Thursday, March 8, 2012

Headwinds and Tailwinds

As I've started riding my bike to work in recent months, I have learned a great deal about the importance of wind. The wind blows most every day across the fields and desert around my home and along the four-mile stretch of road to the building where I work. Unseen and usually unheard, the strength and direction of the wind can be the difference between riding to work in record time and arriving exhausted from a hard-fought commute.

Most often my ride to work begins with the hope for a tailwind. I want to be as Nephi, "driven forth before the wind towards the promise land". I want to go fast without as much effort and be able to share with those around me when I arrive just how fast I can go on my bike.

That's not usually how it goes, however.

Eighty percent of the time, there is a headwind. It bursts and blows and opposes my progress. Pedaling becomes more difficult, level road feels like an uphill climb and progress toward my destination seems unbearably slow. I can see reality on my speedometer-- it's not as grim as it feels-- but burning leg muscles and a pounding heart believe I'm in the mountain-splitting winds experienced by Elijah.

I'm grateful for the lessons the wind has taught me the last few months on my brief trek to work. In my own mind, the wind has served as a strong metaphor for life. The headwinds are hard to face, but riding in headwinds has improved my strength and ability more rapidly than riding in tailwinds, which I usually take for granted. Somehow the push of a tailwind is harder to notice and the resulting successes easier to attribute to my own strength and effort.

I've also learned that there are places I can look for help riding in the wind. From the main road I can see a large flag marking a new housing development about halfway down the road. The flag flies high above the houses and shows the strength and direction the wind is blowing. My cyclocomputer keeps reality and view, showing my speed, distance and how much time I have left to be at work. In a strong wind, shifting gears makes pedaling easier. In the dark of night, a headlight keeps my path lit and helps passing traffic to know that I am there. And when I am exhausted at the end of a long day or a long week, willing friends can load my bike into their pickup trucks and drive me home.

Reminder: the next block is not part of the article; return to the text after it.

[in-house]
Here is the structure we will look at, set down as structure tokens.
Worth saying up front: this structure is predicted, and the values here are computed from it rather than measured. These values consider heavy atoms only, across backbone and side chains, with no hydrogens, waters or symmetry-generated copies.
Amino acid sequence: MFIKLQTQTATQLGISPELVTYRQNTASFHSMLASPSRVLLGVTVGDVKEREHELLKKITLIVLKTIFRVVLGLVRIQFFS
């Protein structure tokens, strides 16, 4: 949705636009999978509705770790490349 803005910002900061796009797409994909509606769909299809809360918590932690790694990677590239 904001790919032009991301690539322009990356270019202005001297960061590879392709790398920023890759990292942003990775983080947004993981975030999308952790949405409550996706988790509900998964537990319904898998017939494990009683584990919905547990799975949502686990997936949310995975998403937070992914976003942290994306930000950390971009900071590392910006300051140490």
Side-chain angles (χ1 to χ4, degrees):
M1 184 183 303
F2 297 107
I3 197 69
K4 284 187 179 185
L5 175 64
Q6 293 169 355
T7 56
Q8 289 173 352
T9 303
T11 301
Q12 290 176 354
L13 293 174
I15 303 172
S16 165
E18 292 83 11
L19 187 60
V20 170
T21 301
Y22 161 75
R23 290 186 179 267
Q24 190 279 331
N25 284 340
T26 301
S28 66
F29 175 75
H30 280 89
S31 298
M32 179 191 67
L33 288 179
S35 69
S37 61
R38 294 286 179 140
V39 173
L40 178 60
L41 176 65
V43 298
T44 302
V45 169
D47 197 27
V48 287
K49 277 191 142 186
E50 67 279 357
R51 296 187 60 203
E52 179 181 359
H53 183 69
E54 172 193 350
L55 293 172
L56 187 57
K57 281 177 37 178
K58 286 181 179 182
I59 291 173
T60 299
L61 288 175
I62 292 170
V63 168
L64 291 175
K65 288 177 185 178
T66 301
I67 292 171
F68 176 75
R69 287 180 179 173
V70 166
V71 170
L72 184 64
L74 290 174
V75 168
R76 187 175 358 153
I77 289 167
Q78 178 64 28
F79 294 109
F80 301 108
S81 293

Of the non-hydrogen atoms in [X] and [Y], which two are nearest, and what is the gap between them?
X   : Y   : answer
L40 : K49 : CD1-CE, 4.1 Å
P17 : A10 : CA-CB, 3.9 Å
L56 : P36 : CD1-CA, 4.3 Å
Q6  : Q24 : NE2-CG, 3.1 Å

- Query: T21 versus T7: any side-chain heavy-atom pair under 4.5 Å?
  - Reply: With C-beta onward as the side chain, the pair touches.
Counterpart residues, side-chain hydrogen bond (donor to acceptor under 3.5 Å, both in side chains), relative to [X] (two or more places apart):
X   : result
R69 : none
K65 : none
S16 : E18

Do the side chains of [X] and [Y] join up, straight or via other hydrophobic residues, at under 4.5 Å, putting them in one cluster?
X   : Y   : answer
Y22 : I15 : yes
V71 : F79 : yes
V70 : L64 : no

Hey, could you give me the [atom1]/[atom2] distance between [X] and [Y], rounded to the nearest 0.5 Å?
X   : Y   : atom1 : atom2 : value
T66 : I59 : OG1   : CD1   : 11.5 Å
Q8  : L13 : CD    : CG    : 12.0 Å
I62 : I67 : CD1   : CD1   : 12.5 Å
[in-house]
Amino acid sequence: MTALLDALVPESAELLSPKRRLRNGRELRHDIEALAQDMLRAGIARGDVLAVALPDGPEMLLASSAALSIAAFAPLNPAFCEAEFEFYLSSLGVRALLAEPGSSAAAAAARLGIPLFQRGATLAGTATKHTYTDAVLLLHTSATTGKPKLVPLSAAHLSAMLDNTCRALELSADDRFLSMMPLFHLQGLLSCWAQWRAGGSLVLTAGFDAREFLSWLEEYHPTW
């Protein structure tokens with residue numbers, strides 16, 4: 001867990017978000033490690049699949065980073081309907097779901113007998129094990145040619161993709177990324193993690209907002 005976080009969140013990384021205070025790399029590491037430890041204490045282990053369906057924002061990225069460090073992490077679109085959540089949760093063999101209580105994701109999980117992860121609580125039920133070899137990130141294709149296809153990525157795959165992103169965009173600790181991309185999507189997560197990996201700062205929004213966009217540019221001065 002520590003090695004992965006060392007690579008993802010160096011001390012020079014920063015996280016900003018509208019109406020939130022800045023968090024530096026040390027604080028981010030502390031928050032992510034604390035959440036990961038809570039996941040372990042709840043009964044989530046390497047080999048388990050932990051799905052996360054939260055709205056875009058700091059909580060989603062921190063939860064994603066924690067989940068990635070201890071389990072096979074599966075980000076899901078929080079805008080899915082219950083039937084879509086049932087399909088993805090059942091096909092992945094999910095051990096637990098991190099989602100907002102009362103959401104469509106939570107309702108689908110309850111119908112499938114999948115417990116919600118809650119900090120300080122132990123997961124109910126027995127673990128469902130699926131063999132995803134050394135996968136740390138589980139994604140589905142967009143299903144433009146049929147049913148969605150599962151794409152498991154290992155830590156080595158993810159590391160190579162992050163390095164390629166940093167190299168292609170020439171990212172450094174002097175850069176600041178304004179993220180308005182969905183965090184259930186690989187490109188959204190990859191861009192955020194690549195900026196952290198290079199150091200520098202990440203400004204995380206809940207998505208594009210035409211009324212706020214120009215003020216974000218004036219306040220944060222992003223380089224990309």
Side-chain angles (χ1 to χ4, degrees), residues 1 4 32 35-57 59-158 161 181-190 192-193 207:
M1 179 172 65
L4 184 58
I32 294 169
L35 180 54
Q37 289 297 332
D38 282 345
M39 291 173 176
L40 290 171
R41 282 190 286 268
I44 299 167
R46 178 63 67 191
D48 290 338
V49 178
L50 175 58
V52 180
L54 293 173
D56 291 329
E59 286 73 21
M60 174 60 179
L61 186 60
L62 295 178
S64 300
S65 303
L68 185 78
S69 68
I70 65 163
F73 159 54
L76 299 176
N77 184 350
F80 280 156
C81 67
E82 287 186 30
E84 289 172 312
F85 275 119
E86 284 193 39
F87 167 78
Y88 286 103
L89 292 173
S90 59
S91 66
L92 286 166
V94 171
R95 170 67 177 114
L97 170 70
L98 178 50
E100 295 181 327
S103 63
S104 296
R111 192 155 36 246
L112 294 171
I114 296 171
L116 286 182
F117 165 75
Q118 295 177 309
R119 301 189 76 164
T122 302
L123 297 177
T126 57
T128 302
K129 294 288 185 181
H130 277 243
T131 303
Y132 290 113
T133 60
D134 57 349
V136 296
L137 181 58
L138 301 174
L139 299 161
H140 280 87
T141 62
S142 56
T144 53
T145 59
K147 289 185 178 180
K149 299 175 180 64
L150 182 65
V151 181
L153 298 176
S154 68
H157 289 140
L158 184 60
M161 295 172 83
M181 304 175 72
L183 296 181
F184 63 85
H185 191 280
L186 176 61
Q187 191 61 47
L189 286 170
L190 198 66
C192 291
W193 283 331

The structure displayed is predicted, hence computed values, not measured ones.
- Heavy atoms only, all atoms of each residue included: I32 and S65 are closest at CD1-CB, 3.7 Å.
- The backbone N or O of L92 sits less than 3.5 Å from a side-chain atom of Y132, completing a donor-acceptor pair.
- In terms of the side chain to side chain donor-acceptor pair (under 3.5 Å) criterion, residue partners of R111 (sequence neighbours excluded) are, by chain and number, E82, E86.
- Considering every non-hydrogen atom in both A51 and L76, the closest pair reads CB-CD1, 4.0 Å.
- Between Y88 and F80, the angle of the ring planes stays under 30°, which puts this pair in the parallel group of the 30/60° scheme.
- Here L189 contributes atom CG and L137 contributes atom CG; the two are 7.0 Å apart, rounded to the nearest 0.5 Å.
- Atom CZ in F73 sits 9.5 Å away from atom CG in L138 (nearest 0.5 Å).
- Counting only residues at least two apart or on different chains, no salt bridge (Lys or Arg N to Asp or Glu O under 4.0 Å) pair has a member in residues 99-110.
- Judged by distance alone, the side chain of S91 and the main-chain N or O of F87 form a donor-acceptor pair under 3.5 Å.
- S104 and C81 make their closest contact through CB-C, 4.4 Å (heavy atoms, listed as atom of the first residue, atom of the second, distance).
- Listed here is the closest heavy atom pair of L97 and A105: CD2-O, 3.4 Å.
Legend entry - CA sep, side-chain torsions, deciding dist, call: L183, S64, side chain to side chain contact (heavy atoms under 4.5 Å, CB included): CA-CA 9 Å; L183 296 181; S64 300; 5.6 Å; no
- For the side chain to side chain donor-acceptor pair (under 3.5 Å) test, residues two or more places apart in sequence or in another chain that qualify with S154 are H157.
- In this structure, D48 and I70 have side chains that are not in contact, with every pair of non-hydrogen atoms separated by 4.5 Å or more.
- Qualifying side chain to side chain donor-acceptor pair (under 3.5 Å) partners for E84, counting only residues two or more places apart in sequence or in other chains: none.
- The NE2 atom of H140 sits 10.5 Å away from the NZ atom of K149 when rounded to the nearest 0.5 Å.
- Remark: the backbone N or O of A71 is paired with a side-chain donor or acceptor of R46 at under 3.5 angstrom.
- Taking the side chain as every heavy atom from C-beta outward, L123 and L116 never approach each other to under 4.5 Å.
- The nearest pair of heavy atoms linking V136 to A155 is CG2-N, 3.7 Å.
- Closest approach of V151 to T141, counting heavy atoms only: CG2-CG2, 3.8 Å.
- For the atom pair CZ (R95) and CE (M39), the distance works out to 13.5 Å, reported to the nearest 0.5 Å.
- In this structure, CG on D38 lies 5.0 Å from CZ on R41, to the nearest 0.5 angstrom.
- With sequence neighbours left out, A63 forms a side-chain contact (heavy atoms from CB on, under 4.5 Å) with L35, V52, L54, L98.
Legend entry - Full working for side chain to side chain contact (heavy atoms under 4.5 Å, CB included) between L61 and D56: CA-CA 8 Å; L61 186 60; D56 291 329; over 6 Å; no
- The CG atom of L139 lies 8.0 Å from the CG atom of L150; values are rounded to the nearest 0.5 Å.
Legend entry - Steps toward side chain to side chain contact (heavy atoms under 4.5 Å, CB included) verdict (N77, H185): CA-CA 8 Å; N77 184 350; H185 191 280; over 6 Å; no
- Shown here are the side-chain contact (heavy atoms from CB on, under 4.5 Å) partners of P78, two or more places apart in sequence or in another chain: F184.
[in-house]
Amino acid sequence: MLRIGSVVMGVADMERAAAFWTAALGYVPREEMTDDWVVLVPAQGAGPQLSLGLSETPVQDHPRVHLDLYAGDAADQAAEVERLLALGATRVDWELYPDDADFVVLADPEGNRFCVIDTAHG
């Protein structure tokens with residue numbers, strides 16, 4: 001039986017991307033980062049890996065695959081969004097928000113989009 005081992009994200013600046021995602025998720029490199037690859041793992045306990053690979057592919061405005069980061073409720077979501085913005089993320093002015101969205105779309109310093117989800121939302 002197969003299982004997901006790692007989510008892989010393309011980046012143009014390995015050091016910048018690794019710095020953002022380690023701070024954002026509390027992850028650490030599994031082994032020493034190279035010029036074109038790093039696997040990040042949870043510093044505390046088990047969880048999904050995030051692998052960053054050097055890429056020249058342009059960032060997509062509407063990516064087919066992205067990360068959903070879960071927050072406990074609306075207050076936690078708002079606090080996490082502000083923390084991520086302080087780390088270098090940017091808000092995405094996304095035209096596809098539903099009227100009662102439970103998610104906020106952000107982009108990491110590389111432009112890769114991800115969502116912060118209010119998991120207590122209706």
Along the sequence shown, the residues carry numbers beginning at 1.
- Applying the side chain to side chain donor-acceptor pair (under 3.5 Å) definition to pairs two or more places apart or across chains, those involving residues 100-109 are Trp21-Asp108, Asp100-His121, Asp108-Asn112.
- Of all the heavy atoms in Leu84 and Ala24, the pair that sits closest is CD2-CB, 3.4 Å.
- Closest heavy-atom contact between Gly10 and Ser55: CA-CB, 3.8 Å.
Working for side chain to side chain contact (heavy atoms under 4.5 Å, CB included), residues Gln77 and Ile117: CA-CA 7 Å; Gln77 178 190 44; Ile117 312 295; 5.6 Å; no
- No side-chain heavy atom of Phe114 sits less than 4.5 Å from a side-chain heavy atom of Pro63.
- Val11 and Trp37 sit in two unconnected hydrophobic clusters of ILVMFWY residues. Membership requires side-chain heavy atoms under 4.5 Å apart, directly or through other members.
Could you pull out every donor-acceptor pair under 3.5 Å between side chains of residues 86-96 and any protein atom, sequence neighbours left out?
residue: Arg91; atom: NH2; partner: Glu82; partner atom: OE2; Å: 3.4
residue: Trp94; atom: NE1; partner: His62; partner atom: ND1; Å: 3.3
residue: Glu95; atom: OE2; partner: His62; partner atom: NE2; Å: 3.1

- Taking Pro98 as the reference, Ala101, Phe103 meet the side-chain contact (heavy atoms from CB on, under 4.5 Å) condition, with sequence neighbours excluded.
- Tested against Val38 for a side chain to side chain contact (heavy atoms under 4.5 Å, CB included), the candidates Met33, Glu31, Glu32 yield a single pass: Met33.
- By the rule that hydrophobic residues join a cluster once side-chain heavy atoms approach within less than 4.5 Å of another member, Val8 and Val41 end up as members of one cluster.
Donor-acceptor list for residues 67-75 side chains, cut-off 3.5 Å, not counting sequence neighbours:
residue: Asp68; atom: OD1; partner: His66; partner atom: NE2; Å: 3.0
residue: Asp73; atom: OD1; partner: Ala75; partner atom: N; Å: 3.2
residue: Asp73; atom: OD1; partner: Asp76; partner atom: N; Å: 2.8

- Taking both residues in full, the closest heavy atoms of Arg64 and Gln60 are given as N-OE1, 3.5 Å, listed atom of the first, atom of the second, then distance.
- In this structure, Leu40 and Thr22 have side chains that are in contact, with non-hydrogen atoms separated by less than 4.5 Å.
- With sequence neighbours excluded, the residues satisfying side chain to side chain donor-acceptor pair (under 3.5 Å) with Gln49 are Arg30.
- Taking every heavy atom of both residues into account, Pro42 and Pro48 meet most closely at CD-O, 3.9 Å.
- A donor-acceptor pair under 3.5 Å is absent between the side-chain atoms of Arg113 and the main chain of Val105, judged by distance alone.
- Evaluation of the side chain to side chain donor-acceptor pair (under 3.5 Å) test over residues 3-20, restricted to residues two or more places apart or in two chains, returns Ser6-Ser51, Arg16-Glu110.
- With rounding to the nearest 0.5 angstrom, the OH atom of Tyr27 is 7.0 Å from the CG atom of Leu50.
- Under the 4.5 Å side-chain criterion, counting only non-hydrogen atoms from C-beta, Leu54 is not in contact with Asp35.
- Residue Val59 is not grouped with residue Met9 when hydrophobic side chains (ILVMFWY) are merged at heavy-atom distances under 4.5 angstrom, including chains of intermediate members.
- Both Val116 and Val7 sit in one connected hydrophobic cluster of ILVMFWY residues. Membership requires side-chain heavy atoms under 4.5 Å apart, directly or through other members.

The same aids are available in life. Prophets and apostles share with us each conference and in the Ensign the way the storms of life will blow on the road ahead. Scriptures keep our minds filled with truth and free from the mental and spiritual traps in the philosophies of men. Frequent and faithful prayer keeps our paths lit and our spirits in tune with the still, small voice that will guide and protect us from danger.

And when we are exhausted, we can remember the words of Amos:

For, lo, he that formeth the mountains, and createth the wind, and declareth unto man what is his thought, that maketh the morning darkness, and treadeth upon the high places of the earth, The Lord, The God of hosts, is his name.

One night near the beginning of the ministry of Christ, a "great storm of wind" began to fill his ship with water. Christ's disciples awoke him from his sleep, panicked at the possibility of drowning in the storm-tossed sea. Christ arose, "and rebuked the wind, and said unto the sea, Peace, be still. And the wind ceased, and there was a great calm".

Just as Christ can calm the winds, he can lift the burdens in our lives. Through Christ, we can feel the relief of forgiveness, the strength to endure and the great calm of the Holy Ghost. As we put our trust in Christ, our friend, we will be able to exclaim:

Master, the terror is over.
The elements sweetly rest.
Earth's sun in the calm lake is mirrored, 
And heaven's within my breast.

Linger, O blessed Redeemer!
Leave me alone no more,
And with joy I shall make the blest harbor
And rest on the blissful shore.

1 comment:

  1. Another metaphor I remembered during a particularly hard ride this week is the role our mind plays with our performance. On my bike, I've found that focusing my thoughts on the obstacles of the ride-- the stiff wind or sore muscles, etc.-- only impedes my progress. These are thoughts that tempt a person to make excuses, to justify less-than-extraordinary effort, to doubt and to accept failure.

    Two alternatives work much better. First, focusing my thoughts outside the ride delegates the ride itself to the dictates of my underlying character. In "autopilot", I often look up to notice I've made significant progress without dwelling on the struggle involved with getting there.

    Second, there is great utility in the concentrated mental focus on an objective. The acknowledgement of difficulty offset by the sincere belief in victory can summon extraordinary accomplishment. On these rides, when intense focus is given to a solution, together with a tailwind, I often find myself setting new personal records or reaching speeds sometimes in excess of 10 mph above my normal pace. In headwinds the end accomplishment may not seems as significant, but I am more appreciative of the battle and the strength gained.

    So again-- mental attention matters.